From top to toe, you could cross the island of Ireland in seven hours – but where’s the fun in that?
These five road trips will bring you down winding country roads and along wild cliff-side routes to reveal some of Ireland’s best-hidden secrets.
1. Causeway Coastal Route – the northern route
Welcome to what is rightfully known as ‘one of the world’s great road journeys’: the Causeway Coastal Route. Curving around the northeastern coast from Belfast Lough to Lough Foyle in County Derry, the journey takes you along imposing cliffs, by crystal-clear waterfalls and even into the path of a castle or two.
Remnant of an epic battle (or volcanic activity, depending on your beliefs), its 40,000 basalt columns are the perfect combination of legend and lava. As any driver will tell you, the views are spectacular.
Check out: Causeway Coastal Route Itinerary
2. Ring of Kerry – the scenic drive
Beginning and ending at Killarney, the Ring of Kerry sits in the beautiful surrounds of Killarney National Park – and when it comes to stunning scenery, this is one of the island’s most lauded spots, loved by National Geographic and Vogue magazines alike. Ladies View (named for Queen Victoria and her ladies), with its sprawling vistas of the Lakes of Killarney, stands in stark contrast to the craggy Atlantic coast and Skellig Michael. But both will take your breath away.
“Even locals stop their cars to gawk at the rugged coastline… the beauty dial is turned up to 11” – Lonely Planet
This is also the heartland of quintessential Irish villages. Sneem, Waterville and Derrynane are just some of the brightly coloured, postcard-perfect stop-off points scattered throughout Kerry. It’s almost impossible to pick just one highlight in the Ring of Kerry, but the Bog Village stands apart, a snapshot in time of an authentic thatched village. You’ll want to bring your camera for this one!
Check out our: Top places to see on the Ring of Kerry
3. The Game of Thrones Tour – the one for fans
If you’ve dreamed of travelling to Westeros since HBO’s Game of Thrones first exploded on to our screens, you can’t get much closer than this. From the Dothraki grasslands to the Kingsroad, George RR Martin’s epic landscapes are brought to life as you roam through Northern Ireland – and there’s a lot to pack in.
“Snuggled between the glen and the sea, this little village has changed little over a century” – Tripadvisor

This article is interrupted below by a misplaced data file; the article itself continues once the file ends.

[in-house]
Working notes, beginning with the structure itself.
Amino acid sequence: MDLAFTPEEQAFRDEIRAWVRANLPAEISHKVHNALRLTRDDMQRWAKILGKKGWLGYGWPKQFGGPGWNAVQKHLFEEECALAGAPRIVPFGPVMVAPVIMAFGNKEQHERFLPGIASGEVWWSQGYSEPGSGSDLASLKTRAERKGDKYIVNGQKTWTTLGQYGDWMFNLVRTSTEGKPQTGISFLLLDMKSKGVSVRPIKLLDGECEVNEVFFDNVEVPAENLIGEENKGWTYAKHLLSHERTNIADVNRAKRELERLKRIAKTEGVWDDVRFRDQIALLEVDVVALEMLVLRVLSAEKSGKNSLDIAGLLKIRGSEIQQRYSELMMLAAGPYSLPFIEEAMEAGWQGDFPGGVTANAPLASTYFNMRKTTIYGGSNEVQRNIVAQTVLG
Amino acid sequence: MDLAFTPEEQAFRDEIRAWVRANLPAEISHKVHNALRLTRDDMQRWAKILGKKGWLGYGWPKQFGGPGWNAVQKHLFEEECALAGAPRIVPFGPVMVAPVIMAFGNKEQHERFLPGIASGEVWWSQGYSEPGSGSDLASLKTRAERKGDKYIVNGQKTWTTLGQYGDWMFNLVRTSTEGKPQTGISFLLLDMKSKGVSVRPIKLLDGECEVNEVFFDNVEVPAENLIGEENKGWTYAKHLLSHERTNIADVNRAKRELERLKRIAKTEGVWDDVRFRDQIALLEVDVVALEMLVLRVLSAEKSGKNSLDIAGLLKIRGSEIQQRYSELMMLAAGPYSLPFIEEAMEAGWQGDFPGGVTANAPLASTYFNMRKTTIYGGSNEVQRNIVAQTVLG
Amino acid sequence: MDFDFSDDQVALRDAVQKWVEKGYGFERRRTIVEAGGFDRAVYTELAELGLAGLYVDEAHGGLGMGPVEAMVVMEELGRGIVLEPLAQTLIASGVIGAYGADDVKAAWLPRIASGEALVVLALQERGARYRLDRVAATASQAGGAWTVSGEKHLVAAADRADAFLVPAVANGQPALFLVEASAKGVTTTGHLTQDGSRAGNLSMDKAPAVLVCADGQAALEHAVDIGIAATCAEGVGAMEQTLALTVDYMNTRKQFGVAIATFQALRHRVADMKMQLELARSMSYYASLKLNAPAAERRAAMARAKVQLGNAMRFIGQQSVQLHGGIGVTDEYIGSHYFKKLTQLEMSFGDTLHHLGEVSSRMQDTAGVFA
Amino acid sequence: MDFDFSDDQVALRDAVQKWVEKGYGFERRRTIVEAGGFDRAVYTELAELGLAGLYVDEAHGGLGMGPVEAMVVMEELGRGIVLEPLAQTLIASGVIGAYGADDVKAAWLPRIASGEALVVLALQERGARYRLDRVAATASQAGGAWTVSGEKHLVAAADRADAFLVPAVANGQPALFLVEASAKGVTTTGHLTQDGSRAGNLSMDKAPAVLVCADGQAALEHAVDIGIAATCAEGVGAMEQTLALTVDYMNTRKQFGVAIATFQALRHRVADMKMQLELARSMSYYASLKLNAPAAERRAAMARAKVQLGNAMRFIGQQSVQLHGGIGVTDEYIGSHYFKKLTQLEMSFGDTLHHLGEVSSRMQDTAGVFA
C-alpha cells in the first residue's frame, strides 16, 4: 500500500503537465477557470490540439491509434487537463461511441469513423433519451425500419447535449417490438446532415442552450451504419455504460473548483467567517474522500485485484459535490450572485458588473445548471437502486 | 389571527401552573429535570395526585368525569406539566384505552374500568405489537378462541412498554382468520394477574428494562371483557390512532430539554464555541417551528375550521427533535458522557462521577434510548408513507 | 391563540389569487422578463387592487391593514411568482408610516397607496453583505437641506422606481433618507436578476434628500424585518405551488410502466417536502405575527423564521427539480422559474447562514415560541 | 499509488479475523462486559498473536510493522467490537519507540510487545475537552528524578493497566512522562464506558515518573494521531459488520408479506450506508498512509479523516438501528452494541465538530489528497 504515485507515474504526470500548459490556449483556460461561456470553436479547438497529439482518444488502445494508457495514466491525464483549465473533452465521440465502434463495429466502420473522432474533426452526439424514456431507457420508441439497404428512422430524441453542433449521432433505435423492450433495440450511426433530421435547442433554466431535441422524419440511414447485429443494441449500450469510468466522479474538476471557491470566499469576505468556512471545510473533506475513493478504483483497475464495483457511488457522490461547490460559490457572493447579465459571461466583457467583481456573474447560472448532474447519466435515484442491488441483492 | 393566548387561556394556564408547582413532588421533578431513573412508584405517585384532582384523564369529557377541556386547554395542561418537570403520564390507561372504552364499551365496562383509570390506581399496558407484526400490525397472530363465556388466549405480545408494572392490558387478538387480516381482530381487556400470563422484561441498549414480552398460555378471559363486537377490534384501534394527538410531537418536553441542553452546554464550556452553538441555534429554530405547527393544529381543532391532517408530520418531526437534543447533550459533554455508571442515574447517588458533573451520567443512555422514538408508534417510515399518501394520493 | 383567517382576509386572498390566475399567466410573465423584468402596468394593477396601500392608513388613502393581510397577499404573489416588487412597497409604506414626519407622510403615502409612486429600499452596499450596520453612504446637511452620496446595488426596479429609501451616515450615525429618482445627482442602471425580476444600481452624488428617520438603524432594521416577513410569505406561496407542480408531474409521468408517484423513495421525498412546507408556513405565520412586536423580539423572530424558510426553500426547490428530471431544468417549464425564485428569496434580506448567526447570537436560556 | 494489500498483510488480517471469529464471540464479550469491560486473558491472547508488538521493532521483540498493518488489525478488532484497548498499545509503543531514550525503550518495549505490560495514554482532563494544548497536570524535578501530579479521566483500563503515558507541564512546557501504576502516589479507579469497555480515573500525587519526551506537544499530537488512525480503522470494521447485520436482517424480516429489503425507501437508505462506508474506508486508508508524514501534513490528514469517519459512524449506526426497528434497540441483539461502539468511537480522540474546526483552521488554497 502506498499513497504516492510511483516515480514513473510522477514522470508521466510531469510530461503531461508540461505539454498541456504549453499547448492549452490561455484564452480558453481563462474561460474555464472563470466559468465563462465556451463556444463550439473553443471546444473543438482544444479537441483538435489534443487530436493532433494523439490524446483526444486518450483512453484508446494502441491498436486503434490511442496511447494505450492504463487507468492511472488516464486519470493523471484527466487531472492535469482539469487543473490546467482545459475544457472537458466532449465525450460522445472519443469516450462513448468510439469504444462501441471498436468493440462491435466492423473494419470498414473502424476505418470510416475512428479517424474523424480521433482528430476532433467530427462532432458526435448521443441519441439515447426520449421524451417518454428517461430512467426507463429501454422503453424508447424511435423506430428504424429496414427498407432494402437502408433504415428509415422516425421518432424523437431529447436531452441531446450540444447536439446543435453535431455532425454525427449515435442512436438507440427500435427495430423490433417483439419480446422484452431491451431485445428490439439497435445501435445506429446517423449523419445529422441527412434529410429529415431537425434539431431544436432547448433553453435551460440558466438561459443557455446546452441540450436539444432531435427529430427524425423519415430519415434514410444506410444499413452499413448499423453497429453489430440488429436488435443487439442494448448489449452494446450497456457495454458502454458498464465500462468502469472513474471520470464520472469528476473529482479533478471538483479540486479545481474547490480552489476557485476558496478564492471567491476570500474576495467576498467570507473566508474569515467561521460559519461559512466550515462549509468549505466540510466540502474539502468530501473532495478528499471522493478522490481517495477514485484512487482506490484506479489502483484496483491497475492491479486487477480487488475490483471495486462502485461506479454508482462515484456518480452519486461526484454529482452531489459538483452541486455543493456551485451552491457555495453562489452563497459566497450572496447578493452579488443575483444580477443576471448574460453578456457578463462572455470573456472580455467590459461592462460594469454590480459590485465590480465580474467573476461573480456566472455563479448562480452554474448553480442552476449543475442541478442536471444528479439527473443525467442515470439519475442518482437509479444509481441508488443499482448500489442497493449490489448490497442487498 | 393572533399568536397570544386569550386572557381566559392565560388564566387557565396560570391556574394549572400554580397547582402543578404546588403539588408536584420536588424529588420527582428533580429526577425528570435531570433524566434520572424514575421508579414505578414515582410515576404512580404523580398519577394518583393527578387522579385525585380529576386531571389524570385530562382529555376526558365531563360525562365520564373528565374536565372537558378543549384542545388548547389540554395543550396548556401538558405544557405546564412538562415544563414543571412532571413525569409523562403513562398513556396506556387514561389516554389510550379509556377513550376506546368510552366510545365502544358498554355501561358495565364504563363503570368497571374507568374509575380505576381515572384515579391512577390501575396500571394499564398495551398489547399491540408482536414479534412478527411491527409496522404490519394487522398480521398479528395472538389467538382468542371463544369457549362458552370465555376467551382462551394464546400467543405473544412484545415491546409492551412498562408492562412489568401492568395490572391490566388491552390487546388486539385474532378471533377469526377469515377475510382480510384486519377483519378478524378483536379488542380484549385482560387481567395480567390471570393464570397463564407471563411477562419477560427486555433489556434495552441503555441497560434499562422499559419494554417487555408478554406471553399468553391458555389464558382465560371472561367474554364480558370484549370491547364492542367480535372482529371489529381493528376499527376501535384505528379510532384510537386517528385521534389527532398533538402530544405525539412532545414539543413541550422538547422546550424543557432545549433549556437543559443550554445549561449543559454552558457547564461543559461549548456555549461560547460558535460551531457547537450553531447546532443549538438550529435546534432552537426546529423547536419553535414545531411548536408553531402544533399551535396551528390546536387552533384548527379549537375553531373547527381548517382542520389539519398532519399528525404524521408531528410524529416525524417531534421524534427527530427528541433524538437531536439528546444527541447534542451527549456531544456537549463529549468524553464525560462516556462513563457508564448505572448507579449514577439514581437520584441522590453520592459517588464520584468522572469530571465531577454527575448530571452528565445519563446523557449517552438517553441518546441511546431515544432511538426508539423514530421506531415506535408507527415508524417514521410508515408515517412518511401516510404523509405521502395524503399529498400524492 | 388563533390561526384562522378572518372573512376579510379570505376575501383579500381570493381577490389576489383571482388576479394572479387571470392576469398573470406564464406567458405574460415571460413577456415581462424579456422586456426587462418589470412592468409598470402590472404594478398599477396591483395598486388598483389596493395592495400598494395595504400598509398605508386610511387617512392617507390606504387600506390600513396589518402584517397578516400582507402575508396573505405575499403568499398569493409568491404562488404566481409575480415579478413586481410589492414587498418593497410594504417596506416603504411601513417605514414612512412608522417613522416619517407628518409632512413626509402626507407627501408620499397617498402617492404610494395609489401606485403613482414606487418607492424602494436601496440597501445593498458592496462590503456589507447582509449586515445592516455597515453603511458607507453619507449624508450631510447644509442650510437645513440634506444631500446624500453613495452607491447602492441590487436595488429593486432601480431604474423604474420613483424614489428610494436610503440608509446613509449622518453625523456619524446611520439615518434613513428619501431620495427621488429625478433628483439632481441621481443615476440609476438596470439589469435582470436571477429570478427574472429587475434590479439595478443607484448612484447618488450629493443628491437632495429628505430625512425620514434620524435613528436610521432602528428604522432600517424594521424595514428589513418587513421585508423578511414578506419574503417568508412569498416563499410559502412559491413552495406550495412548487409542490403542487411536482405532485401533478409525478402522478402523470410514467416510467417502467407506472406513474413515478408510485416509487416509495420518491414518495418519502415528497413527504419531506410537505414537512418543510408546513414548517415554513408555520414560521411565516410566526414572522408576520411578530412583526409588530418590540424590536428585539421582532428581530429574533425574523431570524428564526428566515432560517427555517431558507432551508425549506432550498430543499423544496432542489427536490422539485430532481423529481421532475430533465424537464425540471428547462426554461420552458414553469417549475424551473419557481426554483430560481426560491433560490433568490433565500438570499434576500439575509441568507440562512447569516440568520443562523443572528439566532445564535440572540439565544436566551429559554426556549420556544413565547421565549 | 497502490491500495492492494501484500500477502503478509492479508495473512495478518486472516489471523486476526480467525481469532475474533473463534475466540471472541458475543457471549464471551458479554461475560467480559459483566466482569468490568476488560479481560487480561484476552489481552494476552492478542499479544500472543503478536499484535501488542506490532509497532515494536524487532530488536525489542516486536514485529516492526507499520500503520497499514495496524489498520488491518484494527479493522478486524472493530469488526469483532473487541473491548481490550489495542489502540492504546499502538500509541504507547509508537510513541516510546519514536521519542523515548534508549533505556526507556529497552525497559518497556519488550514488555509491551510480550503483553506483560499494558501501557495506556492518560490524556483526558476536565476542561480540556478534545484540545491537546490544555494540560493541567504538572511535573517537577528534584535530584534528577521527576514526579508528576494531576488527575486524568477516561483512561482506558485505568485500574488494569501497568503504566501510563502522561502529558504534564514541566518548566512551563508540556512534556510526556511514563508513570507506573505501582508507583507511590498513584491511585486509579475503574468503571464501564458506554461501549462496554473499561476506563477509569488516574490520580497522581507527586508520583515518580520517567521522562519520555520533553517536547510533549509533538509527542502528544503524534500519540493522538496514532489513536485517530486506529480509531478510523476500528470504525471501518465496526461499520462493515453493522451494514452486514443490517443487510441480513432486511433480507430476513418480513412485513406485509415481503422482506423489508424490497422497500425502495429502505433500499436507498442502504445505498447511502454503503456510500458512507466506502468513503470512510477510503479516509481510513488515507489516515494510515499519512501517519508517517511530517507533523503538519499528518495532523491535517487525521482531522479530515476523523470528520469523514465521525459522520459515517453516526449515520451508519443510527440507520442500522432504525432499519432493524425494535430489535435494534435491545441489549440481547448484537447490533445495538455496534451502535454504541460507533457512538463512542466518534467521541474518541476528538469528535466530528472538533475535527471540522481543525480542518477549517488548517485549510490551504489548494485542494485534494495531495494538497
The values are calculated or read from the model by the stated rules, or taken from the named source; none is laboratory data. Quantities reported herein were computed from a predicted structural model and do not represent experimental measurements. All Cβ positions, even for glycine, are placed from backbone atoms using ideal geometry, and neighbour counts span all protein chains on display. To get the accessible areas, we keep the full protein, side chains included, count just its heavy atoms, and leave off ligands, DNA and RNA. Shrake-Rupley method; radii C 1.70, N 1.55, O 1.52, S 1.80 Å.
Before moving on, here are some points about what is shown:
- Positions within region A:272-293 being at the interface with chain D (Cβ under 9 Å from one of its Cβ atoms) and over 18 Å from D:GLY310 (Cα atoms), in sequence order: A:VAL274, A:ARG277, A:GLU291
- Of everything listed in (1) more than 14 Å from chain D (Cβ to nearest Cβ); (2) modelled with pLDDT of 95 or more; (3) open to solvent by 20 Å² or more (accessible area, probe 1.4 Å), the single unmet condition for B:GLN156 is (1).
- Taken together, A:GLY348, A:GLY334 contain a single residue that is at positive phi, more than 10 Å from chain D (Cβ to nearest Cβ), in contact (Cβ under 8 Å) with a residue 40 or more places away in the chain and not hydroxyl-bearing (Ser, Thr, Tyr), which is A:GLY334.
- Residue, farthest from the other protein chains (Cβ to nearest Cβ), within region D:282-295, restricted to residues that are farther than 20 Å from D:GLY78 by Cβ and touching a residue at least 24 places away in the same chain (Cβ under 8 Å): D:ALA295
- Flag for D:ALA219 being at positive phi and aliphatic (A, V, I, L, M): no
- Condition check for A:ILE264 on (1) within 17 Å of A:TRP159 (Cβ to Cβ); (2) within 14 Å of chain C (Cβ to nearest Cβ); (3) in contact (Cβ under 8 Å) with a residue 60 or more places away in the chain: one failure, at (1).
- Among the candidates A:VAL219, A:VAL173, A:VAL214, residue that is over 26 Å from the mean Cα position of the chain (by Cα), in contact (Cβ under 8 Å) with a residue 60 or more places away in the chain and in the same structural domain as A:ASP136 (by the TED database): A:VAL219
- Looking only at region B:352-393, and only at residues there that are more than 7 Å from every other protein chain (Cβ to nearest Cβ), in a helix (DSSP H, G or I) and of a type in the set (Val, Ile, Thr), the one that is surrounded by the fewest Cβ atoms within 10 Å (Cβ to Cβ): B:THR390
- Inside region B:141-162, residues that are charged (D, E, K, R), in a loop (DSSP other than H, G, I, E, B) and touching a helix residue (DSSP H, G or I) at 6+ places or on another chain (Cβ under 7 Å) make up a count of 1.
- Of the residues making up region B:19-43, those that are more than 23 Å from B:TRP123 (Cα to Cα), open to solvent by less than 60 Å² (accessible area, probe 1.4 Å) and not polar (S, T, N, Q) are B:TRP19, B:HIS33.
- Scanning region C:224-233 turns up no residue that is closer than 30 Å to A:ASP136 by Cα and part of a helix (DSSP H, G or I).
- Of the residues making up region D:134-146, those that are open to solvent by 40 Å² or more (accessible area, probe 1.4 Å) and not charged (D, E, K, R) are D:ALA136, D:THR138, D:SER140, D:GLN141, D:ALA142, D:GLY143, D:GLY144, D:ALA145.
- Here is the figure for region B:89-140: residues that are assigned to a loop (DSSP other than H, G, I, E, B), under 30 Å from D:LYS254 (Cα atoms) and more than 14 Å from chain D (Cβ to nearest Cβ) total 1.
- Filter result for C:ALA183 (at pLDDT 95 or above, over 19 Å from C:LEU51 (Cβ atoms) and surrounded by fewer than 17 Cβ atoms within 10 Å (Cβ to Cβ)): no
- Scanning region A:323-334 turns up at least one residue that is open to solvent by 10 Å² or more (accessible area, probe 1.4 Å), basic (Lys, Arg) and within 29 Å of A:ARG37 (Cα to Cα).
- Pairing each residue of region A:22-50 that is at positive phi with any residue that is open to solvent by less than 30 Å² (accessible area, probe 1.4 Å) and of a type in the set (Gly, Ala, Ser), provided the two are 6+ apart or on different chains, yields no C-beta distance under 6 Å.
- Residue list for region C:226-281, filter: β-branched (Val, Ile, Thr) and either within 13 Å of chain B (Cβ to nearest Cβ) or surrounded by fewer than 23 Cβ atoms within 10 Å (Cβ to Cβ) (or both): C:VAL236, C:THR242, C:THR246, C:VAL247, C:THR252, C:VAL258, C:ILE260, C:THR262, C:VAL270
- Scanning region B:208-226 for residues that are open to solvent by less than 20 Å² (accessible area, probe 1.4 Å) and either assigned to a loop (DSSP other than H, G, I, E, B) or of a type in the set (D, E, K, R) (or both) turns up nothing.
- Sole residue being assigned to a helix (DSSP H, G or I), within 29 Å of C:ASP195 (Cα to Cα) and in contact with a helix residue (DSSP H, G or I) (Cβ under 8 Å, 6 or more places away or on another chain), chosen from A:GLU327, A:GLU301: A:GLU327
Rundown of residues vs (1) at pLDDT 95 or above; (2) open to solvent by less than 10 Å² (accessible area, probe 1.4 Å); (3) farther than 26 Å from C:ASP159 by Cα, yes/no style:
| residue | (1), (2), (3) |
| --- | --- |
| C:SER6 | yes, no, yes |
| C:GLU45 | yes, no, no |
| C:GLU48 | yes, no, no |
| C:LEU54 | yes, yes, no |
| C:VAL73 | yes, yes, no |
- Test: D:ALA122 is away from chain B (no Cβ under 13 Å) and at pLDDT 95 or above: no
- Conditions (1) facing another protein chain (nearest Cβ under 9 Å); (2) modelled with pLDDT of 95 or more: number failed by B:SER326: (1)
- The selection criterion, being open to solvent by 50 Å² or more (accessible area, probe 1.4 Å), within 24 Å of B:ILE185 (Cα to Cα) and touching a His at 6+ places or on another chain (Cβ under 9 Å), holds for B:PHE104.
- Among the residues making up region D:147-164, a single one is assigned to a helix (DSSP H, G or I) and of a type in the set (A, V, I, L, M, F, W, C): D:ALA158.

Take the plunge into the 400-million-year-old caves at Cushendun – the site of the birth of Melisandre’s shadow-baby – or peek past Mussendun Temple to Downhill Beach below (Dragonstone, to fans). And it’s not just natural attractions that feature onscreen, with visitors welcome to Castle Ward and Inch Abbey, too. Just make sure to avoid the White Walkers if you make it to Tollymore Forest Park…
Check out our: Game of Thrones Road Trip Itinerary
4. Ireland’s Ancient East – for our Celtic heritage
Spanning 5,000 years of history across 17 counties, Ireland’s Ancient East shows you every face of the island – if you know where to look. Dotted across this verdant landscape are Megalithic tombs and medieval castles, holy treasures and ghostly Gothic architecture, rolling down to panoramic seascapes.
This is one of the most beautiful corners of the whole country and the epitome of the kind of rugged, romantic Ireland that probably drew you to the island in the first place… – TripAdvisor
You’ll find tombs that predate the pyramids, feuding families and paths that have seen footfall for millennia. Whether you’re running from the witch’s ghost in St Canice’s Cathedral; exploring the 6th-century monastic retreat of Glendalough, or gazing across the Celtic Sea from the world’s oldest lighthouse at Hook Head, one thing is for certain: Ireland’s ancient history is still very much alive.
5. The Wild Atlantic Way – the longest defined coastal route in the world
Windswept, untamed and uniquely Irish: the Wild Atlantic Way does what it says on the tin. Extending over 2,500 km along the length of the west coast, from Kinsale in County Cork to Malin Head in County Donegal, this is the world’s longest defined coastal touring route. And what a route it is…
Cruise along the magnificent Slieve League Cliffs, some of Europe’s highest; catch sight of Ireland’s only cable car on the Beara Peninsula; or pause for a picnic and some inspiration on the shores of Glencar Lake in spellbinding Yeats Country, County Sligo. Plus, the surfing along the west coast is second to none! Whatever you see along the Wild Atlantic Way, trust us: you won’t find its equal anywhere else.